William Rehnquist

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Noun1.William Rehnquist - United States jurist who served as an associate justice on the United States Supreme Court from 1972 until 1986, when he was appointed chief justice (born in 1924)
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Our most important findings are on the overall depreciation of the overall Warren Court precedents in the Rehnquist Court, which are consistent with our earlier findings on the effect of the Rehnquist Court on the network of Supreme Court precedents.
The overstatement arises from the fact that other Justices are occasionally more pivotal than the Chief in shaping the Court's jurisprudence in close cases during certain eras--witness the apt scholarly focus on Justice Brennan when assessing the "Warren Court," (12) and Justices O'Connor and Kennedy during the "Rehnquist Court" era.
He wrote many of the key decisions of the Burger Court, and his role was such that the Rehnquist Court may well have begun before his 1986 appointment as Chief Justice--if not in name at least in spirit.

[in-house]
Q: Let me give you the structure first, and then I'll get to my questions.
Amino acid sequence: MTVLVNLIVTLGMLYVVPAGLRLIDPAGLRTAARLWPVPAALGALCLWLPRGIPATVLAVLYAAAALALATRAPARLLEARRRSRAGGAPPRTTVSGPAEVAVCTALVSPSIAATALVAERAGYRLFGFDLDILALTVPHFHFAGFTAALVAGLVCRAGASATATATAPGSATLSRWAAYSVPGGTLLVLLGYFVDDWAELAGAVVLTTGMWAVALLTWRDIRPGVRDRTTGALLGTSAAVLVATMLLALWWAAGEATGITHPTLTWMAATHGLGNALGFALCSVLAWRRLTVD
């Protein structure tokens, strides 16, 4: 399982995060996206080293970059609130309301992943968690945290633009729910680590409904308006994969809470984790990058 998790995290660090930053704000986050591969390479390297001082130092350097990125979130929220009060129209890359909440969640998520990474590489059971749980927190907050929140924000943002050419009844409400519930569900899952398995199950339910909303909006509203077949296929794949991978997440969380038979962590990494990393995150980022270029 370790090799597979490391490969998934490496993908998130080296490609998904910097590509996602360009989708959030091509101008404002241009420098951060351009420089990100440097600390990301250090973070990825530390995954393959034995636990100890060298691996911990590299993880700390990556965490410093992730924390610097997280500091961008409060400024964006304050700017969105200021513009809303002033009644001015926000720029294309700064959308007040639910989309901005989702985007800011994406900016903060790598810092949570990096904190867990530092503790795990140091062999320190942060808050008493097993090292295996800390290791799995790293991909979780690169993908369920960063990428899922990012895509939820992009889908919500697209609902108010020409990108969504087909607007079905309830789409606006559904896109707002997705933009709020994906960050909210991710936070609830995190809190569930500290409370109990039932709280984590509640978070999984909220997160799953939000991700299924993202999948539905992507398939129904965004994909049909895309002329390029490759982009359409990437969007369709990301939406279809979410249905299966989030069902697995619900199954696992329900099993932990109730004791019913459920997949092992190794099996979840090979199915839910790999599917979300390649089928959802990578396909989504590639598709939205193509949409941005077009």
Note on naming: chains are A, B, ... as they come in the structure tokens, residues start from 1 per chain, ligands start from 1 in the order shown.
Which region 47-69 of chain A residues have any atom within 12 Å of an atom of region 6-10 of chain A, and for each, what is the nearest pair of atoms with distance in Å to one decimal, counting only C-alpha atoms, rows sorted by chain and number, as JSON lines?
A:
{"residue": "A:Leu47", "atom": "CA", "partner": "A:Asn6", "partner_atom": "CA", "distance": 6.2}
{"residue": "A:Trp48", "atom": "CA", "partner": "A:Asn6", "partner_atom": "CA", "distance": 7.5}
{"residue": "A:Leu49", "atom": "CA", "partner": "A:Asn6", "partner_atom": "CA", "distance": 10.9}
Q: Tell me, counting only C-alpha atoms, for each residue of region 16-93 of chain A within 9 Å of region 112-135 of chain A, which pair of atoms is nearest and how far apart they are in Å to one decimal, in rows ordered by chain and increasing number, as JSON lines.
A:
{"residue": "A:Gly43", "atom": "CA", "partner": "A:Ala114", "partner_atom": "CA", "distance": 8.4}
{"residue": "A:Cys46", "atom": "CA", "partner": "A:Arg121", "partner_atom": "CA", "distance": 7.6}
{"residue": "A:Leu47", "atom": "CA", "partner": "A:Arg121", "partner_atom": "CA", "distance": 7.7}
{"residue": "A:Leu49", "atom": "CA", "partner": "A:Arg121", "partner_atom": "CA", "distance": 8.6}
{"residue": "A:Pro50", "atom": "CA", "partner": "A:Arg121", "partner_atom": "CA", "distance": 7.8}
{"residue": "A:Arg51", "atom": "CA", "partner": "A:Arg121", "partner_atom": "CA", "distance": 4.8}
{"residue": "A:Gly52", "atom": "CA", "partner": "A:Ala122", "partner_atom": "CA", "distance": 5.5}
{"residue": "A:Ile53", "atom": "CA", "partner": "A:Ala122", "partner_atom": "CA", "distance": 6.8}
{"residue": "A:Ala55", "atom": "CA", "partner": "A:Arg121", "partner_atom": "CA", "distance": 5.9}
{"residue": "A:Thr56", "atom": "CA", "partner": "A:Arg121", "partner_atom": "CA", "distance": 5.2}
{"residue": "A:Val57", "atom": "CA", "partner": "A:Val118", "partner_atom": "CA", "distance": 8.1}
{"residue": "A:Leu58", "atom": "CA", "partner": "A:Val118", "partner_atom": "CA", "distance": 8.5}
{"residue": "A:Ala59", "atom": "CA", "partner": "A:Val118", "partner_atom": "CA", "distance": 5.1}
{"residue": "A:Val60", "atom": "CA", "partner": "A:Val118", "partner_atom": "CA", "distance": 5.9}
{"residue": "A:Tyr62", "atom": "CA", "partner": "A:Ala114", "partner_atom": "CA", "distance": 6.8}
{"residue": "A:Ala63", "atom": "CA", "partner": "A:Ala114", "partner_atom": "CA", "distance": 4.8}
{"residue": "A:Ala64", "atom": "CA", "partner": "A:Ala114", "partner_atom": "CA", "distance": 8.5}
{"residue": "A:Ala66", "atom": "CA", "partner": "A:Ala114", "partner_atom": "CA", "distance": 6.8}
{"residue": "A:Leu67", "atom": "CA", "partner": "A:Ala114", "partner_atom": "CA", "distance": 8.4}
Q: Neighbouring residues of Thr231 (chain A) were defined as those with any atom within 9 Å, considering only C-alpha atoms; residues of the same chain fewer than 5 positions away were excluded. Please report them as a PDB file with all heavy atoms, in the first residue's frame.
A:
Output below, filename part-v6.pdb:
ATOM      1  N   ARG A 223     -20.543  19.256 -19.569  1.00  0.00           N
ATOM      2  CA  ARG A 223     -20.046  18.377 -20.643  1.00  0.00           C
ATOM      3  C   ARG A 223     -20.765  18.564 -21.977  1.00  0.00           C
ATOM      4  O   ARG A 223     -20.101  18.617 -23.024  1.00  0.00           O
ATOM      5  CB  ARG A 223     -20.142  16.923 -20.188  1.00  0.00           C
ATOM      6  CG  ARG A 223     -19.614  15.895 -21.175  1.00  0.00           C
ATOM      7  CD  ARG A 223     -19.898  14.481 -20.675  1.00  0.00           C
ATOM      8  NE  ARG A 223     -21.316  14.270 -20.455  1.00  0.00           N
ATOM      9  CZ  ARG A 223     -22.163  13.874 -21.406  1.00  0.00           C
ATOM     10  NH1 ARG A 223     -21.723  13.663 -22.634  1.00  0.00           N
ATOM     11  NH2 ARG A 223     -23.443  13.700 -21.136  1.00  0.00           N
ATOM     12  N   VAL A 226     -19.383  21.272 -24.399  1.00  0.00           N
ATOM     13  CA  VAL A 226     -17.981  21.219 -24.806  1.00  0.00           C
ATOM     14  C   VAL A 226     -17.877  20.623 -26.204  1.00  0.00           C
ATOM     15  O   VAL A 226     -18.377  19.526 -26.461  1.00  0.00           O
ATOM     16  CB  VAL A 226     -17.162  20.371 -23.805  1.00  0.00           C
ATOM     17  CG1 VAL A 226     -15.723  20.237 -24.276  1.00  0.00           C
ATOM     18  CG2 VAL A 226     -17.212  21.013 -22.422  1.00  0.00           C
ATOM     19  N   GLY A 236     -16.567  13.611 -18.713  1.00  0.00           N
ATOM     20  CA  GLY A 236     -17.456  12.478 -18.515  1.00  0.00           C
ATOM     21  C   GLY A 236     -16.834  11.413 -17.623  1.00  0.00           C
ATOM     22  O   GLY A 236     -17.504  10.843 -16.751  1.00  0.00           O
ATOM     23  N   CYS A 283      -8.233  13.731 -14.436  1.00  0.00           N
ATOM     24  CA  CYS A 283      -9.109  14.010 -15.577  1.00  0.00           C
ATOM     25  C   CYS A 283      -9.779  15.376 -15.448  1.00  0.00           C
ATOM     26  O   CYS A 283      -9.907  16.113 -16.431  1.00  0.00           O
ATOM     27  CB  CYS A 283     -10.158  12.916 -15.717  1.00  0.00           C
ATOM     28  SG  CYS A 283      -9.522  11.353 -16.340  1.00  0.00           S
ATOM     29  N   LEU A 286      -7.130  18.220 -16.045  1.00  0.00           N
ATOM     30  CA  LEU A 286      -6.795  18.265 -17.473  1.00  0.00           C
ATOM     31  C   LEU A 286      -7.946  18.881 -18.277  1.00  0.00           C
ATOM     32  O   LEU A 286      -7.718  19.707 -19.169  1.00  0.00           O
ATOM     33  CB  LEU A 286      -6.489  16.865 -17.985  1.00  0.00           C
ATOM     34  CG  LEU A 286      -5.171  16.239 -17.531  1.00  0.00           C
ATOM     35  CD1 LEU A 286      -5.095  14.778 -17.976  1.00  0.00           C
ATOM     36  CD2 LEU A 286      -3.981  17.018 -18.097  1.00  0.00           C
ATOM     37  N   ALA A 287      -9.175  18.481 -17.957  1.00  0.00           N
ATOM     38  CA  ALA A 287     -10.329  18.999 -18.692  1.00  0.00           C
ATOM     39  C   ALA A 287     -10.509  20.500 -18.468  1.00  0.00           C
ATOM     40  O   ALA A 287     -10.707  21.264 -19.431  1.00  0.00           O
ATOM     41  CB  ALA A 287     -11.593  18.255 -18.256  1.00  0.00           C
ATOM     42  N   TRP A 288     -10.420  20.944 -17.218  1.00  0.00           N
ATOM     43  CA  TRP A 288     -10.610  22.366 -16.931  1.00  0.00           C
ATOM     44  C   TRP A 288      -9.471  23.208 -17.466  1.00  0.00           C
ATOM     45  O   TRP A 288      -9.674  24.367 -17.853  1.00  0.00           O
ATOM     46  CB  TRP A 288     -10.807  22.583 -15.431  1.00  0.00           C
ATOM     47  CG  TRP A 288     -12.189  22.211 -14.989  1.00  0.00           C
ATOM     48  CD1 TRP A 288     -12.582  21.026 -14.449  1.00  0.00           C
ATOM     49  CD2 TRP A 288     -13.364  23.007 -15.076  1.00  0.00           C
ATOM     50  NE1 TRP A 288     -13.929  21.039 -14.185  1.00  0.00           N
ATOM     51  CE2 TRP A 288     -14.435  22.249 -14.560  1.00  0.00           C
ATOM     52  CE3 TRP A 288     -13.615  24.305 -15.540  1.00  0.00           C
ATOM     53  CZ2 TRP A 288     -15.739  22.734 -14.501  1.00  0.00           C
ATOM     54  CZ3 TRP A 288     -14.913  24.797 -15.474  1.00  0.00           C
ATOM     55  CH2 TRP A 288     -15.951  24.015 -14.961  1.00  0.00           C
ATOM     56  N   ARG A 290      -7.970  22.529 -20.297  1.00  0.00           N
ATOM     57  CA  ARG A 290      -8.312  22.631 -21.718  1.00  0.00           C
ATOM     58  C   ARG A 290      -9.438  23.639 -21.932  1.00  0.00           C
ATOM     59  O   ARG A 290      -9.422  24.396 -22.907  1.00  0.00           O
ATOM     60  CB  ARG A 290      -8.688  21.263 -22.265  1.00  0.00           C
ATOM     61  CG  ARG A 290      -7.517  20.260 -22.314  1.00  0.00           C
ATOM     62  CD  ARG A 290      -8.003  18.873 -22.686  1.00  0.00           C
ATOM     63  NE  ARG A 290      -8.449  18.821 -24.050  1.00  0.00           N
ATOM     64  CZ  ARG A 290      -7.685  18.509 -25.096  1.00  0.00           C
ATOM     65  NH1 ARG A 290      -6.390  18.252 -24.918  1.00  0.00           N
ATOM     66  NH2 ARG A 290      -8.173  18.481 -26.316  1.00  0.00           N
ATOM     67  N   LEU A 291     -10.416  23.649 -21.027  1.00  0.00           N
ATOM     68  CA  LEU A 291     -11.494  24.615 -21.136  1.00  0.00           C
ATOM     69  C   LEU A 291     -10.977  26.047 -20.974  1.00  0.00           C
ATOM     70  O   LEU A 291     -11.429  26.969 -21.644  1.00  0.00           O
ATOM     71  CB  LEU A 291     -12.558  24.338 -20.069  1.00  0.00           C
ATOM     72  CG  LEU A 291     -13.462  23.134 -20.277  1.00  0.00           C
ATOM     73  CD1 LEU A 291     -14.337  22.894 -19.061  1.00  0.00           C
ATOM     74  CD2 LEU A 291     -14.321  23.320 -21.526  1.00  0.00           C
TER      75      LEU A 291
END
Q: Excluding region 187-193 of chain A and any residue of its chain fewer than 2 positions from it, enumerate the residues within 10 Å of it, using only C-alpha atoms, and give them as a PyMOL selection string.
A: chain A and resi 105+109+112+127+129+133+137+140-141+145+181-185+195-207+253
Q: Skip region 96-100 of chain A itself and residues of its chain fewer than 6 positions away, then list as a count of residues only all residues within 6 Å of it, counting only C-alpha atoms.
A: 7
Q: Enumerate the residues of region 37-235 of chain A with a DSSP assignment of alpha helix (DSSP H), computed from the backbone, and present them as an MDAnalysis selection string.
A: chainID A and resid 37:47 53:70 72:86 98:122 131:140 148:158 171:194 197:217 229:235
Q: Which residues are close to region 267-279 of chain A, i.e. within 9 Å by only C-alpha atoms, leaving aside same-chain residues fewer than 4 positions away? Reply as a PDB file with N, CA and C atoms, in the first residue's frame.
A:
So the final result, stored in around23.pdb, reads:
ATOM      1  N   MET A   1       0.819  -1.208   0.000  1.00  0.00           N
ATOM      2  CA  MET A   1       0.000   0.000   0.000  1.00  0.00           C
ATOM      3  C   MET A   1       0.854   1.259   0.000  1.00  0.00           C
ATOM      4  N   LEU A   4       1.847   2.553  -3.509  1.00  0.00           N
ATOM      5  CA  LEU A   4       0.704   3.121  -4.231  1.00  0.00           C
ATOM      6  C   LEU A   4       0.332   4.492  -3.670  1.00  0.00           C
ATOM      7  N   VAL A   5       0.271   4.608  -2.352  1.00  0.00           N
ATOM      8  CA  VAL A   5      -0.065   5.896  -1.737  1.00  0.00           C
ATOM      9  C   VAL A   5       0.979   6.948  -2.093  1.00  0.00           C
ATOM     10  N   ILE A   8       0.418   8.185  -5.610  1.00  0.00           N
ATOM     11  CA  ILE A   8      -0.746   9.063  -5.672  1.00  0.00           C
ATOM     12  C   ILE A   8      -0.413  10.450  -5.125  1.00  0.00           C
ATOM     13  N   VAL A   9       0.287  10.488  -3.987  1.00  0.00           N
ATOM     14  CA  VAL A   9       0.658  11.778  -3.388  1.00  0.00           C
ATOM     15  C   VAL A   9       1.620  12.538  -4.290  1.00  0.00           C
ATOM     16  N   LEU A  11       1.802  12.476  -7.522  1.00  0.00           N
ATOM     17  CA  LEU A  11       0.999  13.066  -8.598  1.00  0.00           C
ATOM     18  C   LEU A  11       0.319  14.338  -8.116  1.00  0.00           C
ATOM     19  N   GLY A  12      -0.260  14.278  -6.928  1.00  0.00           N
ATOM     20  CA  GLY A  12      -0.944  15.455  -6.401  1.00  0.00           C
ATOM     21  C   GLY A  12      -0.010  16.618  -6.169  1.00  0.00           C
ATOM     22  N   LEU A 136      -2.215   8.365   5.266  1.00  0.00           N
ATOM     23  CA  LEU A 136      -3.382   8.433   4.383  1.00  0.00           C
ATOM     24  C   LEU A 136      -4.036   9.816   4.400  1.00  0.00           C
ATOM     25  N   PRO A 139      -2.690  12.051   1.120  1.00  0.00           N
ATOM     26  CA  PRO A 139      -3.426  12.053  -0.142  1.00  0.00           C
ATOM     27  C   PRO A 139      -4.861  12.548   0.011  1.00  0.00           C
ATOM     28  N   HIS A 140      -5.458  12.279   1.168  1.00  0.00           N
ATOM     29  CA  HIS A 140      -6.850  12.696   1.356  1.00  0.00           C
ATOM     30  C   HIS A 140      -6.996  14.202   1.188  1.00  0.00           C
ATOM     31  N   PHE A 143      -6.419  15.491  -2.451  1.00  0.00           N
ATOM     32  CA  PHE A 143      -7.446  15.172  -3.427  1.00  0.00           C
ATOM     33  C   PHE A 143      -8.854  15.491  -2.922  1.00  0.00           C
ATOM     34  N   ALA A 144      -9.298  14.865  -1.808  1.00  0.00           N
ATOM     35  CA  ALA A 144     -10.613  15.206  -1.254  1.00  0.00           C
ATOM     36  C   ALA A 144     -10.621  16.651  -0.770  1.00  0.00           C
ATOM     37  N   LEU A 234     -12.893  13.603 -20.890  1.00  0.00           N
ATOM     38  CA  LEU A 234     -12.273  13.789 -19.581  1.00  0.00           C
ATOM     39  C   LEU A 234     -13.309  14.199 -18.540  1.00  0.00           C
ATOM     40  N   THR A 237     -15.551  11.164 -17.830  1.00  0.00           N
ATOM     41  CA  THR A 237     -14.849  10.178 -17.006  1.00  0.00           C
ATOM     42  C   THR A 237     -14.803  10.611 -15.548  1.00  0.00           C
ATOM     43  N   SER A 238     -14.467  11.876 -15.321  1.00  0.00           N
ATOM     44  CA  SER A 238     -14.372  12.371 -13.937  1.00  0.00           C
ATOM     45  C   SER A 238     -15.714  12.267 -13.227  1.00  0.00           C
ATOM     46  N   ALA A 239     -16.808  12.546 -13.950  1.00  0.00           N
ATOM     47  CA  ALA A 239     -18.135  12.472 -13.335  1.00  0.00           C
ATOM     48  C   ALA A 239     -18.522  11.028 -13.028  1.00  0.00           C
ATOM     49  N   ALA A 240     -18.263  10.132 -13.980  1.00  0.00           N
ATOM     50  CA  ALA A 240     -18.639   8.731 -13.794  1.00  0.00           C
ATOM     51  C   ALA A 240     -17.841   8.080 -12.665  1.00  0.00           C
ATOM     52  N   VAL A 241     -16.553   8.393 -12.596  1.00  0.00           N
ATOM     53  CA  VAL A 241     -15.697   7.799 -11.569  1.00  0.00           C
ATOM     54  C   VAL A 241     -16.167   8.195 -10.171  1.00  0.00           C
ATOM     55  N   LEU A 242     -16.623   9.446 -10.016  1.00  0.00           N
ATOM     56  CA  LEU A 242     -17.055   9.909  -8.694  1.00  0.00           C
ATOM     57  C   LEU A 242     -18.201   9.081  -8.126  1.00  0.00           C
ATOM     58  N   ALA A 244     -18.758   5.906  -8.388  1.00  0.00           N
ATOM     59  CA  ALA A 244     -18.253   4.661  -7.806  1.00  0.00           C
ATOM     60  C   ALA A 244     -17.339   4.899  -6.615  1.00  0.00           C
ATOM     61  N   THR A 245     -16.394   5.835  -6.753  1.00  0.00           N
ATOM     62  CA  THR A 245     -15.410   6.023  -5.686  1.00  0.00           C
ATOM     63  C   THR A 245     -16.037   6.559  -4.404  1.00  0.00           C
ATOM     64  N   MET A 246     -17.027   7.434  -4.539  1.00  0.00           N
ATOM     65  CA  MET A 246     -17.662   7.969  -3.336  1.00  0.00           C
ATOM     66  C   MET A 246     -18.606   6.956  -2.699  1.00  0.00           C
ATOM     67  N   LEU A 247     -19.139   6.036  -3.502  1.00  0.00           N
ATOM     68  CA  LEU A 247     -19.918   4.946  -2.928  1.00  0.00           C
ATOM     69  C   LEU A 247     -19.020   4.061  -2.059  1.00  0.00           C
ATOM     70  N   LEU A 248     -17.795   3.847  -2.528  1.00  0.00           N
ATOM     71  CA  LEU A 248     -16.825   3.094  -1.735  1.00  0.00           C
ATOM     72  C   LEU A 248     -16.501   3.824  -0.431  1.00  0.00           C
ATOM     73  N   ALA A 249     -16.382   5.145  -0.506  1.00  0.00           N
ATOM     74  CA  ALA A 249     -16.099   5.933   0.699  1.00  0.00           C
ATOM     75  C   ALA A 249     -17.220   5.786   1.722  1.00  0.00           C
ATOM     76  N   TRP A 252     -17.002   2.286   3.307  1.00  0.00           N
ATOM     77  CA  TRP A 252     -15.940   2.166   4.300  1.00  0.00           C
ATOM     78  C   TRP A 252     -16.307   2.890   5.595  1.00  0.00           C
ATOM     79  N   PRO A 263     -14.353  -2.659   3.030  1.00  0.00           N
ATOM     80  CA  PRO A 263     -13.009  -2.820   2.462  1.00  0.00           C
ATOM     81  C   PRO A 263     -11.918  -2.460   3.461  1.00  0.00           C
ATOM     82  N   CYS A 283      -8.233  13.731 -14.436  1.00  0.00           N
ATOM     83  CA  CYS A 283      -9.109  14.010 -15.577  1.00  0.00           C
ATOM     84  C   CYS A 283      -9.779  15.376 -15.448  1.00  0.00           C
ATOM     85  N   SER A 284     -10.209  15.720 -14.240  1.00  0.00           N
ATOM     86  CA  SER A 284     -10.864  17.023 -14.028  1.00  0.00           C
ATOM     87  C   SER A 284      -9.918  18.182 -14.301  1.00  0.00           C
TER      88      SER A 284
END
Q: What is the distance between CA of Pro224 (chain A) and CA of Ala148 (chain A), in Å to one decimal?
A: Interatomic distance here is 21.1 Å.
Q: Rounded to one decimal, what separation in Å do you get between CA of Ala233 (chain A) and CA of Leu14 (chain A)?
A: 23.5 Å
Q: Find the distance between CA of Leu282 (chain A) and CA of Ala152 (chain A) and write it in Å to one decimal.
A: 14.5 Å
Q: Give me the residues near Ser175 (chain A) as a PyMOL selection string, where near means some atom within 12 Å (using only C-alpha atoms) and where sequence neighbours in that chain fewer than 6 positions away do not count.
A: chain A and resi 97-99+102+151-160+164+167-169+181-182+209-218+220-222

WITH THE CHIEF JUSTICE'S DEATH last September, the book was closed on the Rehnquist Court. Politically and jurisprudentially, however, the book had slammed shut long before.
In his provocative new book, A Court Divided: The Rehnquist Court and the Future of Constitutional Law (W.W.
In doing so, the Rehnquist Court has curbed congressional power under the interstate commerce clause (Gregory v.
Recent (1995-2002) Rehnquist Court decisions striking down federal laws can be tied to "majoritarian" social and political forces.
It was decided on March 31, 1997 by the Rehnquist Court.
Yalof, Mello, and Schmidt found that the proportion of non-collegial concurring and dissenting opinions increased during the first four years of the Roberts Court compared to the last four years of the Rehnquist Court, which was itself viewed by scholars as a model of disharmony.
There is, in fact, a conceptual unity to the Court's approach, logical even if not inevitable: just as the Rehnquist Court narrowed the scope of free exercise in the Smith decision, the Roberts Court is gradually cutting away some of the doctrinal fat that has bloated the Establishment Clause over the past several decades.
This Court could plausibly be described as the least activist Court in history, and this recent pattern should also cause us to reevaluate the claims of activism during the late Rehnquist Court.